Touché! En Garde Detroit is a hit

En Garde Detroit might be the city’s first fencing club, but it does much more than traditional ones. Bobby Smith, founder the organization and his coaches, who come from Wayne State University and the University of Detroit Mercy fencing teams, are completely mobile … free-wheeling around the city and into schools to teach the sport. “Our program is free in schools,” Smith says. “There’s no reason to charge families for our services, so we haven’t.”

En Garde works with up to 80 kids a day and hopes the training will empower them to follow their dreams. STEM-based research fuels their approach as well as consultations with educational developmental experts. ”We’re figuring out how we raise the health of kids in low-wealth communities,” Smith says. To help move the program forward they have sponsorship from Ascension Health and St. John Hospital.

Students warm up and gear up for the day

Fencing is as much of a mental sport as it is a physical one so warm up at En Garde Detroit includes mental games and concentration games, along with push-ups and sit-ups. Coaches would stand up on chairs and toss playing cards at the students. First they’d catch them with both hands, then just one, then only red cards. Then they’d use the perfect pushup machines… two rolling handles that are stuck to the ground. Perfect as they might be, these are hard! I could barely do one… and barely caught one card! These students were pros though.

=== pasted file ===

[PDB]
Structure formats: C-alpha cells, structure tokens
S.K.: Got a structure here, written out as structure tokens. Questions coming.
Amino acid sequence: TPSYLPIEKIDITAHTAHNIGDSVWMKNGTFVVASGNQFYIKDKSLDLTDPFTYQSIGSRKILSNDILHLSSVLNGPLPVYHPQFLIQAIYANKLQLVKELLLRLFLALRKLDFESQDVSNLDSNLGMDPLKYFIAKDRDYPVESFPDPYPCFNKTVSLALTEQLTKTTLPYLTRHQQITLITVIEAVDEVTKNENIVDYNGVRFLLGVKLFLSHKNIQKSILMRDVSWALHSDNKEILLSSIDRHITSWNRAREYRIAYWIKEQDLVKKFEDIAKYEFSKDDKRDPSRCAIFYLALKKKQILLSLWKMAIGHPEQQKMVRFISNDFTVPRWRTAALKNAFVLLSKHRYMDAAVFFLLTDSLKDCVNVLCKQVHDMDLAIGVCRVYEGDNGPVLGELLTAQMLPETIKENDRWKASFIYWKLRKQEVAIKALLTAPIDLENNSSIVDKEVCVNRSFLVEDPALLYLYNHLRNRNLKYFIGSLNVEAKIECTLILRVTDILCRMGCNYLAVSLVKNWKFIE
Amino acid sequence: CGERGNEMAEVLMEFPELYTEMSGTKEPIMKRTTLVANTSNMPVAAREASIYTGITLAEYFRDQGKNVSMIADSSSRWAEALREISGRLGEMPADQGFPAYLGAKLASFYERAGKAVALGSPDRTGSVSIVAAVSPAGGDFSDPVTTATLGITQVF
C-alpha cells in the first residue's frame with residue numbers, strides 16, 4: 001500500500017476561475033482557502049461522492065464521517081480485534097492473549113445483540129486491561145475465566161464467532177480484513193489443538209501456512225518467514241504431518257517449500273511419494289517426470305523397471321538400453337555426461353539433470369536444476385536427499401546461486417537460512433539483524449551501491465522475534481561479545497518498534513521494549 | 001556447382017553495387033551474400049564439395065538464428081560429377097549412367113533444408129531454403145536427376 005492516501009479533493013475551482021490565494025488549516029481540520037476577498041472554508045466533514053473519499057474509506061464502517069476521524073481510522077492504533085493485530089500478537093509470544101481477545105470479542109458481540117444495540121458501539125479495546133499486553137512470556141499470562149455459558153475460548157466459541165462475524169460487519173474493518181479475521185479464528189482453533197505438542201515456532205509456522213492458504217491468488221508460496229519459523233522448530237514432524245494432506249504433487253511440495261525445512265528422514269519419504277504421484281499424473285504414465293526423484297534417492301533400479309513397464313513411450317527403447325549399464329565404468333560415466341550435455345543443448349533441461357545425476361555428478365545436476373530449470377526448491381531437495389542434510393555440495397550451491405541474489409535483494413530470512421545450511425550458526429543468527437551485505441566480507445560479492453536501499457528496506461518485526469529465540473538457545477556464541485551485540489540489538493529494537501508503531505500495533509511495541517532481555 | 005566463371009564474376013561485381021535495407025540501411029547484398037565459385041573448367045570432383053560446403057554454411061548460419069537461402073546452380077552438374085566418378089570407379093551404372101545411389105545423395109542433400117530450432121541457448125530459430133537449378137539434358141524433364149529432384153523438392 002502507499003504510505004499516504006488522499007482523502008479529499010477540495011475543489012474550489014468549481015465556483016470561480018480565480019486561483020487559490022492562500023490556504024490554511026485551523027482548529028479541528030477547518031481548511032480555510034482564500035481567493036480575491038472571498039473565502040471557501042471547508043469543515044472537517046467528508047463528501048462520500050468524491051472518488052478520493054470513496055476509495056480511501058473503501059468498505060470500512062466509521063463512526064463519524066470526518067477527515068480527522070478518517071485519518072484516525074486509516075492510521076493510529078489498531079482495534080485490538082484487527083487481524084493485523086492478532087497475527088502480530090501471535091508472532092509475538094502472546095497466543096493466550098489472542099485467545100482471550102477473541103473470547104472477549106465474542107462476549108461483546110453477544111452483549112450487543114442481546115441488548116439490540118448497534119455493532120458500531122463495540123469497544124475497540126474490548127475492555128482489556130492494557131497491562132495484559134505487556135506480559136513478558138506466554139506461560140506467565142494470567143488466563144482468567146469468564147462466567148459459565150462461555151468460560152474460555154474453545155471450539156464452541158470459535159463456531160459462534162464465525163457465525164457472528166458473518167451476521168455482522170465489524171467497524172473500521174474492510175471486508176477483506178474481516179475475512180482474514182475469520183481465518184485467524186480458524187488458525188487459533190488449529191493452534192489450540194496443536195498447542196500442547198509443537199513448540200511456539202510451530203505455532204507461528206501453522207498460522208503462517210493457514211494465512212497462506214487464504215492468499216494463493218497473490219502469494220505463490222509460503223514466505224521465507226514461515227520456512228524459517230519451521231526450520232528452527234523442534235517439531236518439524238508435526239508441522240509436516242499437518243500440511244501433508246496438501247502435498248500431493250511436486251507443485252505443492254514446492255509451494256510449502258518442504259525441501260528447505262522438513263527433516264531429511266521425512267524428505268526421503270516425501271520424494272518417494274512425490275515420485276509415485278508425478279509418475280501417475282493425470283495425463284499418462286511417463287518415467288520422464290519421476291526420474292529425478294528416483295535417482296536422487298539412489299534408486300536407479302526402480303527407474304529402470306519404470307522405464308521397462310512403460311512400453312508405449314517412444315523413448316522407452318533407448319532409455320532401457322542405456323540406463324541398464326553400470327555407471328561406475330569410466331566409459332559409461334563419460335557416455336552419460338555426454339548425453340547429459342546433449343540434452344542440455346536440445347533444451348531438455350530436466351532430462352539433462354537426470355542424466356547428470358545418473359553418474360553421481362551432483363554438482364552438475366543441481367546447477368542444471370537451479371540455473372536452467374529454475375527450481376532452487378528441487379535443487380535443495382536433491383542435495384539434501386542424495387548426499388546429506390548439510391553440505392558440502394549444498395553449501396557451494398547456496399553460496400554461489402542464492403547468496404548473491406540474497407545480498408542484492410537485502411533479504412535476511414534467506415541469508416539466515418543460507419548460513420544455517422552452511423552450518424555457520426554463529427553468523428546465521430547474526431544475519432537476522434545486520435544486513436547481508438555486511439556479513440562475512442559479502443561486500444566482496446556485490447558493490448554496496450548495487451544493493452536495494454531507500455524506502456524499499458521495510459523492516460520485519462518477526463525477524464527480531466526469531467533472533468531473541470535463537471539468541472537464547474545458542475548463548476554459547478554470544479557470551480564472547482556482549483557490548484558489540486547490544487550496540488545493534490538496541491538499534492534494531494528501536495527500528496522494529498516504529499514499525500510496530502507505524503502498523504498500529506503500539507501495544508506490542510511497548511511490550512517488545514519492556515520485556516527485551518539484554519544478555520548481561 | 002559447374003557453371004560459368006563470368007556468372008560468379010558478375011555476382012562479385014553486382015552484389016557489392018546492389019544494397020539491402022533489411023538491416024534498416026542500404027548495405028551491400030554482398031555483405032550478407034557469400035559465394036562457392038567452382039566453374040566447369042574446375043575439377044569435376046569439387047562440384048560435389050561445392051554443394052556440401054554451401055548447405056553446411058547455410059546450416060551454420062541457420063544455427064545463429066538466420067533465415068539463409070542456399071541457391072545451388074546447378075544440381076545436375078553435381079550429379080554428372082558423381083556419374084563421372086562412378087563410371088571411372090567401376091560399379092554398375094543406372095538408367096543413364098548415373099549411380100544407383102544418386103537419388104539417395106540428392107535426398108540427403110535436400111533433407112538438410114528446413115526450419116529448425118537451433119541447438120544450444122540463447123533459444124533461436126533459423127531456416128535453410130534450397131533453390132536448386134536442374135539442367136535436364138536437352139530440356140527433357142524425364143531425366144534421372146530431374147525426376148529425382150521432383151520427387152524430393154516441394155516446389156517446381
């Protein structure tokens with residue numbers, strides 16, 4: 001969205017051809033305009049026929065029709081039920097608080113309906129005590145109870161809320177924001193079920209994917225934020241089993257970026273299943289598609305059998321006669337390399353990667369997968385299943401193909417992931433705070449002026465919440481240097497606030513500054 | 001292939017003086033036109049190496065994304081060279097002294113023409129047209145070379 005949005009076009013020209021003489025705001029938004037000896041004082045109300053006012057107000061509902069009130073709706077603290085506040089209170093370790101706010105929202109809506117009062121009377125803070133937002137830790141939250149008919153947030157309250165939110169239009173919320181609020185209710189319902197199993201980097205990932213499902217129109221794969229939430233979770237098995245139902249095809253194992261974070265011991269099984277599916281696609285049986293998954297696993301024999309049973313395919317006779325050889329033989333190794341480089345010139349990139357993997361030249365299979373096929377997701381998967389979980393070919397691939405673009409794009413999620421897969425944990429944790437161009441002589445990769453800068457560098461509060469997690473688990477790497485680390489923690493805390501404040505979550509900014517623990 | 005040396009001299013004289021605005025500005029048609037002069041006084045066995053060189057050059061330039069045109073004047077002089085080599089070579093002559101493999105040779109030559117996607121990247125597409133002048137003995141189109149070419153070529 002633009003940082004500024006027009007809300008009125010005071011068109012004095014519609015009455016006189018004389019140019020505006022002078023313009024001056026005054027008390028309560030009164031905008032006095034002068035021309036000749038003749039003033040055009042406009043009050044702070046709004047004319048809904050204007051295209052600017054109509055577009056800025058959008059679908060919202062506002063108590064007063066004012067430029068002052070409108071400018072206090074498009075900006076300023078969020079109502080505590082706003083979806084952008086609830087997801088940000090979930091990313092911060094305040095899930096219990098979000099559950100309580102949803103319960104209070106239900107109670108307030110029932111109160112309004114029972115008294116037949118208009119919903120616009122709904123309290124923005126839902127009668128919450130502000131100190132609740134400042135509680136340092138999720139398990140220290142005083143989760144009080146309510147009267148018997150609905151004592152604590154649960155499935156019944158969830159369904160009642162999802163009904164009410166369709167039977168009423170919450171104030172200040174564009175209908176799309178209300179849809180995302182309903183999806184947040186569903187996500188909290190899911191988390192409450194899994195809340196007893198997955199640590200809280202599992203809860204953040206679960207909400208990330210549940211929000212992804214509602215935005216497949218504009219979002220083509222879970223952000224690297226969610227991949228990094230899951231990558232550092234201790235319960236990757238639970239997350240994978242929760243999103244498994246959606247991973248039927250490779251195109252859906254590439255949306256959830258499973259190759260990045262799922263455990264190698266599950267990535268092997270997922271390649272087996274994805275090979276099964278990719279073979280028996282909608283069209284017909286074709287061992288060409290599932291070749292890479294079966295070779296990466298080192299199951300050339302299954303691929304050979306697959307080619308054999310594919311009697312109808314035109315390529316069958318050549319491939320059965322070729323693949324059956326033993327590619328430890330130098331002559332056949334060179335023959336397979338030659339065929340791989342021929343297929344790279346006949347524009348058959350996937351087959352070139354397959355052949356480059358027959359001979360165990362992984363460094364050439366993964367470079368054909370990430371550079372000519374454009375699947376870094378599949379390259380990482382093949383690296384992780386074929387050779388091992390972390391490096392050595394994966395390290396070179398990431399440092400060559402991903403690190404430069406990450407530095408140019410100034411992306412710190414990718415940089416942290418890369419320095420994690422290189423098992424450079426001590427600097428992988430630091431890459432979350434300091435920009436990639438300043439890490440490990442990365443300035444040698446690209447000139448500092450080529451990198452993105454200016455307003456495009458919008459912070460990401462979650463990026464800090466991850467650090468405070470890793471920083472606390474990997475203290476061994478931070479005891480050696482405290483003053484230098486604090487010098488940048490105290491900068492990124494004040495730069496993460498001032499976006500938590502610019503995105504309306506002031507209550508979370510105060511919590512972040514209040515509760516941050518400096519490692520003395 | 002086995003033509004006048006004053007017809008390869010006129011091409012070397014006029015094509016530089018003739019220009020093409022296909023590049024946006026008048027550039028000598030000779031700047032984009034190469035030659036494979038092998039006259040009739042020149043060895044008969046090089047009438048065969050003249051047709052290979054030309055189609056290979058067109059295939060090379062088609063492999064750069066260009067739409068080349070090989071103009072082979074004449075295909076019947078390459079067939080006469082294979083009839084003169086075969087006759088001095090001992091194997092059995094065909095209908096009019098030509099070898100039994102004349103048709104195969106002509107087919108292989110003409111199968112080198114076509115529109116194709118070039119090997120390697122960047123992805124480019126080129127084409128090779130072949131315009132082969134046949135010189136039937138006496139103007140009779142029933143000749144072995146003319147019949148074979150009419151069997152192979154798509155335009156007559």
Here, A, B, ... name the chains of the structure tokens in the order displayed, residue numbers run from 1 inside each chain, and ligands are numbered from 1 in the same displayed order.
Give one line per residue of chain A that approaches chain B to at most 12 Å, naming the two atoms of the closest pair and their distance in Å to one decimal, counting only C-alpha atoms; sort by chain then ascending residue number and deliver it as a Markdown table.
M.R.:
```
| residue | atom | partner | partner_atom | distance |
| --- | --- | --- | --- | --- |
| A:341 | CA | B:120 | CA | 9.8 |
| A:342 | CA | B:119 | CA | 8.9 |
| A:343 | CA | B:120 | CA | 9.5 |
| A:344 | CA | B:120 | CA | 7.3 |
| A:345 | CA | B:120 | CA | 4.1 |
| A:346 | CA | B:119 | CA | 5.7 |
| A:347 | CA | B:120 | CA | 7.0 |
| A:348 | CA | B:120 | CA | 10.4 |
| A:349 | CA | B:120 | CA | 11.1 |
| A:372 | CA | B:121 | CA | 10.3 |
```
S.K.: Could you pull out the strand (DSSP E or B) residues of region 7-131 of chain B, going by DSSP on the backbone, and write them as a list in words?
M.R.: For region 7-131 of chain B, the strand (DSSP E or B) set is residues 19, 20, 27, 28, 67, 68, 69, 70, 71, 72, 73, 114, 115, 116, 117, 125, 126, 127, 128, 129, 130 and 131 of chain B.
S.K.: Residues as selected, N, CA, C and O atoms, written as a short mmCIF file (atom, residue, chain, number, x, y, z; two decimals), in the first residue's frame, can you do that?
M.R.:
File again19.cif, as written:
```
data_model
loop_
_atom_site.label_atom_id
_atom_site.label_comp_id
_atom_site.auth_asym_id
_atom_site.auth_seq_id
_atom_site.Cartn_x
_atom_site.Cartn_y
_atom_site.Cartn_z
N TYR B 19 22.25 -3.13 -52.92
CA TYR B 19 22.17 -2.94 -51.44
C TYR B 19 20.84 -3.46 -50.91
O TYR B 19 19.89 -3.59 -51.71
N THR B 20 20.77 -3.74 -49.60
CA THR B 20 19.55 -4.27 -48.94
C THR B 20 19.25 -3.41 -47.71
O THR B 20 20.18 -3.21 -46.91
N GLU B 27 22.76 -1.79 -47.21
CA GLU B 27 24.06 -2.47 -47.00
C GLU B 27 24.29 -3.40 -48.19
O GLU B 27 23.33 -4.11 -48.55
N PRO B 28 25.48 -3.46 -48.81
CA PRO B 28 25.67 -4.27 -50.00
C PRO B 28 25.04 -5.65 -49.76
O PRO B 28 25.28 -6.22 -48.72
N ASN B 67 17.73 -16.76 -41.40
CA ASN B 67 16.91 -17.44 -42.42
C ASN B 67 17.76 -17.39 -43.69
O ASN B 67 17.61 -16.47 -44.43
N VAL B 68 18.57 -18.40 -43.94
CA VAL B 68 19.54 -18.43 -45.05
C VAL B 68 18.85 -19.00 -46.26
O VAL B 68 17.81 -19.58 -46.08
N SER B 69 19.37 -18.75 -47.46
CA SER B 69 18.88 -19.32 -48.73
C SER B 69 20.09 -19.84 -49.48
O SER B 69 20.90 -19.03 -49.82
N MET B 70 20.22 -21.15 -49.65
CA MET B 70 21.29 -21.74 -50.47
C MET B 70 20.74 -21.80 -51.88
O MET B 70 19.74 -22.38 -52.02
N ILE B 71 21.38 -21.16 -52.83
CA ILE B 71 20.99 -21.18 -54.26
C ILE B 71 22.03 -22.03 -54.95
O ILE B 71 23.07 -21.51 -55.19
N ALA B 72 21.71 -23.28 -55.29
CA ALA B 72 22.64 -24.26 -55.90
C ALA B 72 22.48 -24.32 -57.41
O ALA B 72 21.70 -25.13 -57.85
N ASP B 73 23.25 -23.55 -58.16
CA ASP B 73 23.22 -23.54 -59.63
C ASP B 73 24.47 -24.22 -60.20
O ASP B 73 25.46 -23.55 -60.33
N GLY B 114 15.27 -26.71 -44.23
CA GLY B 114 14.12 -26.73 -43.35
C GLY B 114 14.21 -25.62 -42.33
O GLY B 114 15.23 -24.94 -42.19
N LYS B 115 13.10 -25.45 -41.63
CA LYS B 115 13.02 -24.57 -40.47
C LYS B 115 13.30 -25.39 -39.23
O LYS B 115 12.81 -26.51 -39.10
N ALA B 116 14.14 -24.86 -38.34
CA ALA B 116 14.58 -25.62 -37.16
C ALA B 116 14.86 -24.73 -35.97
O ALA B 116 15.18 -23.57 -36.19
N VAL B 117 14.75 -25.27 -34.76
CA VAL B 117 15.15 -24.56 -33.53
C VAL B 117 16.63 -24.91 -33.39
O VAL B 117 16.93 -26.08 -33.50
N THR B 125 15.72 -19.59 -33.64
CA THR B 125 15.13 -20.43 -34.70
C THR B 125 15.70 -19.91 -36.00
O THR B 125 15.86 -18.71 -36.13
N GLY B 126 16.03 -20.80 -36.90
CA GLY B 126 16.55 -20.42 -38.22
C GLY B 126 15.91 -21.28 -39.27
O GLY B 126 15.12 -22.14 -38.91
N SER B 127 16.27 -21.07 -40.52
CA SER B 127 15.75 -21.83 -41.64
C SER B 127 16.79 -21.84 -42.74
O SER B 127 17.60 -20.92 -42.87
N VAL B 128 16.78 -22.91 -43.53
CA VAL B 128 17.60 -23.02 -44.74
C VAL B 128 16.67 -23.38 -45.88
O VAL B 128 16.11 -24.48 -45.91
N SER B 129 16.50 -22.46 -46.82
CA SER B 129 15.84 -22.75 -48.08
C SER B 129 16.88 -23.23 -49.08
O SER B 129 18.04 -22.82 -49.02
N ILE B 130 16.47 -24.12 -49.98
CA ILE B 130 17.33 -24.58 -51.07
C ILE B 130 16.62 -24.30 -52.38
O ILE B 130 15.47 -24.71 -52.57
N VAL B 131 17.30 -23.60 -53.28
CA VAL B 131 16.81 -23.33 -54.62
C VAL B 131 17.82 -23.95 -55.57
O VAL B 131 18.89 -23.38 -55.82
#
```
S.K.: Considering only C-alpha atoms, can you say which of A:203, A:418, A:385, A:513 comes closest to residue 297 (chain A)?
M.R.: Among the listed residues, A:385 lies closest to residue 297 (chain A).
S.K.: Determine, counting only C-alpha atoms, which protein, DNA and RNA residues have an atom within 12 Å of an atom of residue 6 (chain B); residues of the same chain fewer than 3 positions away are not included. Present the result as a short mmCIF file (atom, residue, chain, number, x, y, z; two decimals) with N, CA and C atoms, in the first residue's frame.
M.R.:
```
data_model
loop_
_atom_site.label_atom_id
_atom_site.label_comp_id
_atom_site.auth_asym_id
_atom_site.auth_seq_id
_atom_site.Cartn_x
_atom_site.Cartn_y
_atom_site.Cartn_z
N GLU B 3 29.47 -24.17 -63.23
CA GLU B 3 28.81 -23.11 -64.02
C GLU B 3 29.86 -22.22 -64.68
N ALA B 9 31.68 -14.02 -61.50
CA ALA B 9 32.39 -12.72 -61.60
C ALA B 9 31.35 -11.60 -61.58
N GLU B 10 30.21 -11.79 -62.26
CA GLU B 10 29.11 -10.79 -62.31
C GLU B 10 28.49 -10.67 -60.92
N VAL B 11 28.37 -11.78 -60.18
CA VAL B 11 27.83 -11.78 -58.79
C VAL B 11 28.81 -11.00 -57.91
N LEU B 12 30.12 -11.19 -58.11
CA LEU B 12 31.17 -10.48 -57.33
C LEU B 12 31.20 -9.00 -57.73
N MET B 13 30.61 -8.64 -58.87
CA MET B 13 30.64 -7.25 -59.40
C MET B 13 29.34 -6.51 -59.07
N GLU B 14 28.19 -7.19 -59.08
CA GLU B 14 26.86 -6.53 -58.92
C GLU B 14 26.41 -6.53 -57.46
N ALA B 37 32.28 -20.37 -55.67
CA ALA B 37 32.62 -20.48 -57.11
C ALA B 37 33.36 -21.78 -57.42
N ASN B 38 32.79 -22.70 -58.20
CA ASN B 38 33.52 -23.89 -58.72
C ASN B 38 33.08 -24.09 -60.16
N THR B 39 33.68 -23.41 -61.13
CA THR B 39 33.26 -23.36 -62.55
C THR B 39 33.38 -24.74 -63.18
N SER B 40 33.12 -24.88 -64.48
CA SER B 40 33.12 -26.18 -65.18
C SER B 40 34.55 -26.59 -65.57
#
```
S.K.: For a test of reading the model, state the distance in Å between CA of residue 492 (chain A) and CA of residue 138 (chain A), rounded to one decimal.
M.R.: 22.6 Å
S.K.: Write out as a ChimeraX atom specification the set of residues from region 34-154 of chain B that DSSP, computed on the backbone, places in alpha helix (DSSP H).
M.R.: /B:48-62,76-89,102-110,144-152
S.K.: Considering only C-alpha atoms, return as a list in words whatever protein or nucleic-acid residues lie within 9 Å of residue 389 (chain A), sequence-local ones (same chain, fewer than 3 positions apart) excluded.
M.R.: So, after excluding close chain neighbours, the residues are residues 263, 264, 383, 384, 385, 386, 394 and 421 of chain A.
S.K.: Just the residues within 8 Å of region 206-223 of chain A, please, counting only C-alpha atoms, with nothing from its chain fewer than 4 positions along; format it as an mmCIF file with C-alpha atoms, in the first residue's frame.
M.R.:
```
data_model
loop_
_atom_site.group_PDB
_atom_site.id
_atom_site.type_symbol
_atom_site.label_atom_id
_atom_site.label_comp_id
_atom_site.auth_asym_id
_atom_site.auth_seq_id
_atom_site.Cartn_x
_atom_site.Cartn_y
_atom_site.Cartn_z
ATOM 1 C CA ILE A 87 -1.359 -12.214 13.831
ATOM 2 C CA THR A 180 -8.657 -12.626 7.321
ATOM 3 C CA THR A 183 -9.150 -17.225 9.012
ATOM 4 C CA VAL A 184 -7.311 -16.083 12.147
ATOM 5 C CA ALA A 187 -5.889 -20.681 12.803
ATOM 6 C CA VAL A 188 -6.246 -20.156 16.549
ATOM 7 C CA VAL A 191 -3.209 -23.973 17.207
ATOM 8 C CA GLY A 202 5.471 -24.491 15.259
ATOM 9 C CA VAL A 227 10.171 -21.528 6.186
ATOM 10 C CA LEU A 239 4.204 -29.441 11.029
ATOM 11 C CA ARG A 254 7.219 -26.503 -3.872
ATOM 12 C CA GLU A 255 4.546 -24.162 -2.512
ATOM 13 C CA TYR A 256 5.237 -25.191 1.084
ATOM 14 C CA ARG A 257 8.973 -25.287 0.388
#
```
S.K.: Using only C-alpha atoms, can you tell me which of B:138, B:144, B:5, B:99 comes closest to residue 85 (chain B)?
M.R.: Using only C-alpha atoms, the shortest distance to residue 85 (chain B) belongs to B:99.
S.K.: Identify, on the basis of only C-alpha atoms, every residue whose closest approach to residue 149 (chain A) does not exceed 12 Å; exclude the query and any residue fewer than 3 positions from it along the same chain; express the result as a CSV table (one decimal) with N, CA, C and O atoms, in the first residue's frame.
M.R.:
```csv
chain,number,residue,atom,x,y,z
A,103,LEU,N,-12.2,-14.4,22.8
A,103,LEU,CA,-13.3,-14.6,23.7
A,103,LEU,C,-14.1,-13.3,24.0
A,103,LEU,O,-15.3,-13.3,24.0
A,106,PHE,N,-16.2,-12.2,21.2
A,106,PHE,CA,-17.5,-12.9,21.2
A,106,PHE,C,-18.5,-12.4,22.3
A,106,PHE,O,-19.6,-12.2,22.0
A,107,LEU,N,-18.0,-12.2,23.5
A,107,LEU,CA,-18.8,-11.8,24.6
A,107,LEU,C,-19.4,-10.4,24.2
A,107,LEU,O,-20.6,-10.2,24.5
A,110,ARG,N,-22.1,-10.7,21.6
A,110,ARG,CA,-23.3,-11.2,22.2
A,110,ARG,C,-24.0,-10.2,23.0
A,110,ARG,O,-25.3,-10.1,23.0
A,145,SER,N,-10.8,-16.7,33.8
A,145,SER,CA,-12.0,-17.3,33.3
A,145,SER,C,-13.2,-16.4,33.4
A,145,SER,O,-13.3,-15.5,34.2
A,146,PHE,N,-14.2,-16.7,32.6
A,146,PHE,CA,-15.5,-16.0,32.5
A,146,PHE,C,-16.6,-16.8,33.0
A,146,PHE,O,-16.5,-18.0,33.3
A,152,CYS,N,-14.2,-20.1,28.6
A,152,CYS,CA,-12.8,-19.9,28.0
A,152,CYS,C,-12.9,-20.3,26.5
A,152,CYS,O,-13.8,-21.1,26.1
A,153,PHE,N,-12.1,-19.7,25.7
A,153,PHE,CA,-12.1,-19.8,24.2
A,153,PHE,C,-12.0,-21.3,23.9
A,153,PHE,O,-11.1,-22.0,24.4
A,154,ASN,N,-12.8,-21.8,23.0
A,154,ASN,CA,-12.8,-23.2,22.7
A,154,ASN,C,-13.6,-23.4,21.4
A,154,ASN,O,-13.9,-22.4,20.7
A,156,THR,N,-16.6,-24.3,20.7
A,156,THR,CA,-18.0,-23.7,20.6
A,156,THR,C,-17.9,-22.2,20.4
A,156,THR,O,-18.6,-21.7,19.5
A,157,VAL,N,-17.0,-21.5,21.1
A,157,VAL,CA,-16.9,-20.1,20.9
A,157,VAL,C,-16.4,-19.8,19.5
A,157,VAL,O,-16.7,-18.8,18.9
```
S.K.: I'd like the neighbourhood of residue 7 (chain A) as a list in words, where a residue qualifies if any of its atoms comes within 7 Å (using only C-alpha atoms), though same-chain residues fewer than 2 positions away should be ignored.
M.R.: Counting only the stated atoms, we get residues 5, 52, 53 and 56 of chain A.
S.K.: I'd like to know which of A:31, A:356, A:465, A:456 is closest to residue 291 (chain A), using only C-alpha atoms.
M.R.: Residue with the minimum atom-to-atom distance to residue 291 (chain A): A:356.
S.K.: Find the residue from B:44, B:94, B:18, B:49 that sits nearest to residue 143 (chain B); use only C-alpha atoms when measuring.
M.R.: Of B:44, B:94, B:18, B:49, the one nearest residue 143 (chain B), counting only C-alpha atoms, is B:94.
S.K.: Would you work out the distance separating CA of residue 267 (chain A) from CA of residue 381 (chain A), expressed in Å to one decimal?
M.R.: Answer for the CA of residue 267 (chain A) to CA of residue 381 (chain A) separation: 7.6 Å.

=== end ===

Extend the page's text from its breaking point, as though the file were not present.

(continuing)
Mental agility is such an important part of the sport that there’s often a stretch of training and conditioning at the beginning of the program before students are allowed to use the weapons.”

“This period is longer in Europe, but we try to give our kids sabers sooner,” says coach and two-time Polish national champion Kuba Gibczynska. This stretch of waiting assures coaches the kids are dedicated… and builds up excitement in the players.

“Fencing is about figuring out what your weaknesses are and fixing them,” Smith says. “It’s like chess. You always have to be thinking about the next move.”